On March 4, Turkey’s foreign ministry issued an angry denunciation of the State Department’s most recently published annual human rights report, issued a day earlier, saying that the parts on Turkey “comprise unacceptable allegations, misrepresentations and interpretations that do not reflect reality,” at a time “when we are faced with unprecedented threats of terrorism posed against the survival of our nation and state.”

The State Department report took note of a wide variety of alleged human rights violations by Turkey in the wake of abortive July 15 military coup against the Erdogan government, after which it dramatically tightened its grip on power.

The State Department document recounted many more accusations from human rights organizations of  government  human rights violations tied to the refugee flow from Syria’s civil war, and also in confronting the insurrectionist Kurdish Workers’ Party (PKK), and “groups affiliated with it,” in south-eastern Turkey.

(The Kurdish minority population in the region also spills over into Syria, and Kurdish fighters have been among the proxy forces backed by the U.S. both in fighting extremist forces of ISIS and in opposing the virulent Assad dictatorship.)

The Turkish foreign ministry statement made pointed reference to “our unprecedented efforts…towards a total of 3.2 million refugees” most of them Syrians, now living on the Turkish side of the Syrian border, whose presence is a huge burden—and also a demographic threat to neighboring countries and to Europe, if they should ever move elsewhere.

The foreign ministry also charged that the State Department report “falls short of acknowledging the necessity of measures taken in order to protect the fundamental rights and freedoms of our citizens,” a reference the July 15 coup, and to the alleged role in the coup of a dissident group that the Erdogan government has labelled as the  Fethullah Terrorist Organization,  or FETO. Erdogan’s government has embarked on a campaign to shut down the dissident organization’s offices around the world.

The government’s riposte  to the State Department noted that dissident leader Muhammed Fethullah Gulen, a former Erdogen supporter, lives in the U.S.  The U.S. government has so far refused Turkish demands for his extradition as an alleged terrorist, citing lack of proof.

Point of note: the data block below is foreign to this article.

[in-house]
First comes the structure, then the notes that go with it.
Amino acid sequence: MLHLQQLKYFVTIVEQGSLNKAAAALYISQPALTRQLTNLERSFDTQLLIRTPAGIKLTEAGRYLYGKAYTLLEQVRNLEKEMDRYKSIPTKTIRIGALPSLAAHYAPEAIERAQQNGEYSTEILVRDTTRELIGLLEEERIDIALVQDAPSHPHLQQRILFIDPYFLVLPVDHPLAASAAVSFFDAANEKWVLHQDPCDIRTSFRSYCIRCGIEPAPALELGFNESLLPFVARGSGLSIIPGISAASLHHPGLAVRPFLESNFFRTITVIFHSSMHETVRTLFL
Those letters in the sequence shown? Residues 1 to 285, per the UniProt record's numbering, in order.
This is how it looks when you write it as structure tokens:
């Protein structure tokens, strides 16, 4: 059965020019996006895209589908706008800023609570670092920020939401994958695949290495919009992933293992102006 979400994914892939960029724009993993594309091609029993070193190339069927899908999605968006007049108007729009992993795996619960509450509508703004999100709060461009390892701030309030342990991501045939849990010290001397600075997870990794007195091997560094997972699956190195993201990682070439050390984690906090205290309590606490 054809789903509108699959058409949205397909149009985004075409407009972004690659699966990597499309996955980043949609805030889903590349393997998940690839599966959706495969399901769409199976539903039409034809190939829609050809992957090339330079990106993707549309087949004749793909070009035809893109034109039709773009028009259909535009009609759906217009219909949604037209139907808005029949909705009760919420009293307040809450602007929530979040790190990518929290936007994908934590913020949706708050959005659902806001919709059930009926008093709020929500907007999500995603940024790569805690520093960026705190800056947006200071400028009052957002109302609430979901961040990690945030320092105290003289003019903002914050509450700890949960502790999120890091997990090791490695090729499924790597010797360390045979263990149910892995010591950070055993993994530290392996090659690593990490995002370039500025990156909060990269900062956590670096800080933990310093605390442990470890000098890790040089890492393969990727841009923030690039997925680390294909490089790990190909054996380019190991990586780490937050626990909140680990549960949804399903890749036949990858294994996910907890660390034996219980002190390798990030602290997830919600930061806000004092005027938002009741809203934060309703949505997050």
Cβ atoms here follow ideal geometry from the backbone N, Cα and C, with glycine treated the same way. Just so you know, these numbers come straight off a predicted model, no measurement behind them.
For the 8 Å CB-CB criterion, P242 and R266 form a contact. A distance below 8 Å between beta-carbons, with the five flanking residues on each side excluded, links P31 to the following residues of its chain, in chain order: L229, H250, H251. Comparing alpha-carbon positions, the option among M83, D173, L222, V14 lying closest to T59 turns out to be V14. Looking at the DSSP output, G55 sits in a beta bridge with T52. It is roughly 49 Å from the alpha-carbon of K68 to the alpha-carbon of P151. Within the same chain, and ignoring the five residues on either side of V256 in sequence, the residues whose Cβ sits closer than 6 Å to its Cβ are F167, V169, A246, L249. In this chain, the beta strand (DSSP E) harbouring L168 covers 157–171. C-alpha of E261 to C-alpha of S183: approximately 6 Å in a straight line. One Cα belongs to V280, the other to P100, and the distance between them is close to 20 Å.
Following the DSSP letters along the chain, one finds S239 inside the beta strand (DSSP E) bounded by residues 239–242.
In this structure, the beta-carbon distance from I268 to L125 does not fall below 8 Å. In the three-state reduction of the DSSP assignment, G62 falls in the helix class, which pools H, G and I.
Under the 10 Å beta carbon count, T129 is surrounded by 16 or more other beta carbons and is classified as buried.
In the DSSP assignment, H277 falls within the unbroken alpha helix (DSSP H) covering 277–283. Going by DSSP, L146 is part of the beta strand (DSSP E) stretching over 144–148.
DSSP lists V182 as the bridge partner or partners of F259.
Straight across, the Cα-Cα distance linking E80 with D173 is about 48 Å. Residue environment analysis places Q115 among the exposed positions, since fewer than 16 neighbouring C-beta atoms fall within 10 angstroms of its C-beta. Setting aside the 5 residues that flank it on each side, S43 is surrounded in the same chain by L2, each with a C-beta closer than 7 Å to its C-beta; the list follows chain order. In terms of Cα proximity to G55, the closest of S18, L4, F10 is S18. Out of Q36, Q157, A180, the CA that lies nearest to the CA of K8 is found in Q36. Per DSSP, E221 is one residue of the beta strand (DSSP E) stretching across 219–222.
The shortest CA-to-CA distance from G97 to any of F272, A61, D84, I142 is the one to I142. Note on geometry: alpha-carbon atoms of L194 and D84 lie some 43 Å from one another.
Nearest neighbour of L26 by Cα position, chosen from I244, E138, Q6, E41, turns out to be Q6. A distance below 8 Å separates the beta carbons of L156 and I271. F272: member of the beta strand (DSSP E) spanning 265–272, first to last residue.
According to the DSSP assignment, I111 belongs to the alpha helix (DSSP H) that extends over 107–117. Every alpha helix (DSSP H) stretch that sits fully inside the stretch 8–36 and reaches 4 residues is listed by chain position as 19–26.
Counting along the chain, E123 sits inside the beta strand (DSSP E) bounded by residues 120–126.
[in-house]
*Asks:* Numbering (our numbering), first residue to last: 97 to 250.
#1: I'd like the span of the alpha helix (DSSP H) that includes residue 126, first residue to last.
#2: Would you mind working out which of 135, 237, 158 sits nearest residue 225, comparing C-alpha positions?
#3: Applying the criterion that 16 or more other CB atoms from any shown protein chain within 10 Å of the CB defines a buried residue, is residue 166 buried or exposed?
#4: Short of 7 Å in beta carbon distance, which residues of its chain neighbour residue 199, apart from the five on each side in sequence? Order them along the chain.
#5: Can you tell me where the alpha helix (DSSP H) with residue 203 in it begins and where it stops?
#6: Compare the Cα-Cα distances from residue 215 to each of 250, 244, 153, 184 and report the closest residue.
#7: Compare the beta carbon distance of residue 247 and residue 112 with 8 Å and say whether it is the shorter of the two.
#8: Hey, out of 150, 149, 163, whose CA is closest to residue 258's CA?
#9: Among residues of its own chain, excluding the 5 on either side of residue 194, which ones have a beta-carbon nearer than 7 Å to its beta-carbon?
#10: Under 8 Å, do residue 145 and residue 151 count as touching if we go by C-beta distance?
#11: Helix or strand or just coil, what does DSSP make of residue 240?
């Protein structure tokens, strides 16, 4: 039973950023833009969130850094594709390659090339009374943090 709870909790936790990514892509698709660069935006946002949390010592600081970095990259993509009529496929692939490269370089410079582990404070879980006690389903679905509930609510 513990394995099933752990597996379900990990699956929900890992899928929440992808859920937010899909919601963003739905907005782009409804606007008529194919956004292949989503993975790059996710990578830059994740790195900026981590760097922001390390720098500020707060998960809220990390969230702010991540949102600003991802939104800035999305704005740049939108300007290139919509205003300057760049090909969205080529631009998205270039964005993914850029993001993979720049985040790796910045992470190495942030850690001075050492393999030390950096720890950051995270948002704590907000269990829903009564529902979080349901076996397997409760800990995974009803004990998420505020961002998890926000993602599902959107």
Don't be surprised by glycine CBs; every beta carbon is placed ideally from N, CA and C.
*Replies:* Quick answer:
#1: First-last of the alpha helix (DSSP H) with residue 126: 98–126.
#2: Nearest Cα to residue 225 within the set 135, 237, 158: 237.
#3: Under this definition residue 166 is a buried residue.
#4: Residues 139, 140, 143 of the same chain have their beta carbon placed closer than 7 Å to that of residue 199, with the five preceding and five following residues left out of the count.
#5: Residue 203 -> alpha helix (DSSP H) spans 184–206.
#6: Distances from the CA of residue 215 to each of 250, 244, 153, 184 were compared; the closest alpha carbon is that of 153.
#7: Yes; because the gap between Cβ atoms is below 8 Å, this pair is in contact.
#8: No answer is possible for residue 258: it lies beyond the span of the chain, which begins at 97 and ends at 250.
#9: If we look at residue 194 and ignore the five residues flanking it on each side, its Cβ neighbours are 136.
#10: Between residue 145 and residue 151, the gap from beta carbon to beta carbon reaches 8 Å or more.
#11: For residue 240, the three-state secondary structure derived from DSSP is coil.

On March 7, the same days as the Mercy Corps expulsion, Turkish government prosecutors handed down indictments against 211 alleged coup plotters. According to Turkish news agency report, the abortive effort was described in prosecution documents as an “attempt to overthrow the democratic constitutional order by treasonous FETO members with 35 planes, 37 helicopters, 246 armored vehicles and around 4,000 light weapons.”

All of that high drama came on the same day that much lower-key but important talks involving, among others, Chairman of the U.S. Joint Chiefs of Staff General Joe Dunford, were also taking place in Turkey about virtually nose-to-nose engagements  now taking place in northern Syria among an explosive patchwork of military and paramilitary groups.

Among them:   Assad regime forces and  militia groups backed by Assad, Iran and Russia, sometimes with Russian air support overhead; fanatical ISIS militia; anti-ISIS and al-Qaeda forces that also have U.S. backing and include Kurdish elements; and perhaps others.

The forces arrayed against ISIS have been gaining ground, even as Russian-backed Assad forces have been stepping up brutal attacks against opponents, including civilians, in other parts of the country.

One of the hopes of U.S. military planners is that the anti-ISIS forces  will soon be able to take the ISIS stronghold of Raqqa, which the jihadist organization has declared as its Syrian capital.  But in the process, Turkish military forces have also moved across the Syrian border to push out extremists and try to create a sanitary cordon along their frontier.

The upshot is that extremists, opposition militias and pro-government Syrian forces with Russian backing, Turkish forces and small numbers of U.S. support personnel have, in the phrase of U.S. Army Lt. General Steven Townsend during a March 1 briefing, “converged literally within hand-grenade range of one another.”

The role of Dunford and his Russian and Turkish military counterparts is to improve their mutual communication and tamp down the possibility that the increasingly congested and chaotic military action will turn into something much worse.

George Russell is Editor-at-Large of Fox News. He is reachable on Twitter at @GeorgeRussell and on Facebook at Facebook.com/George.Russell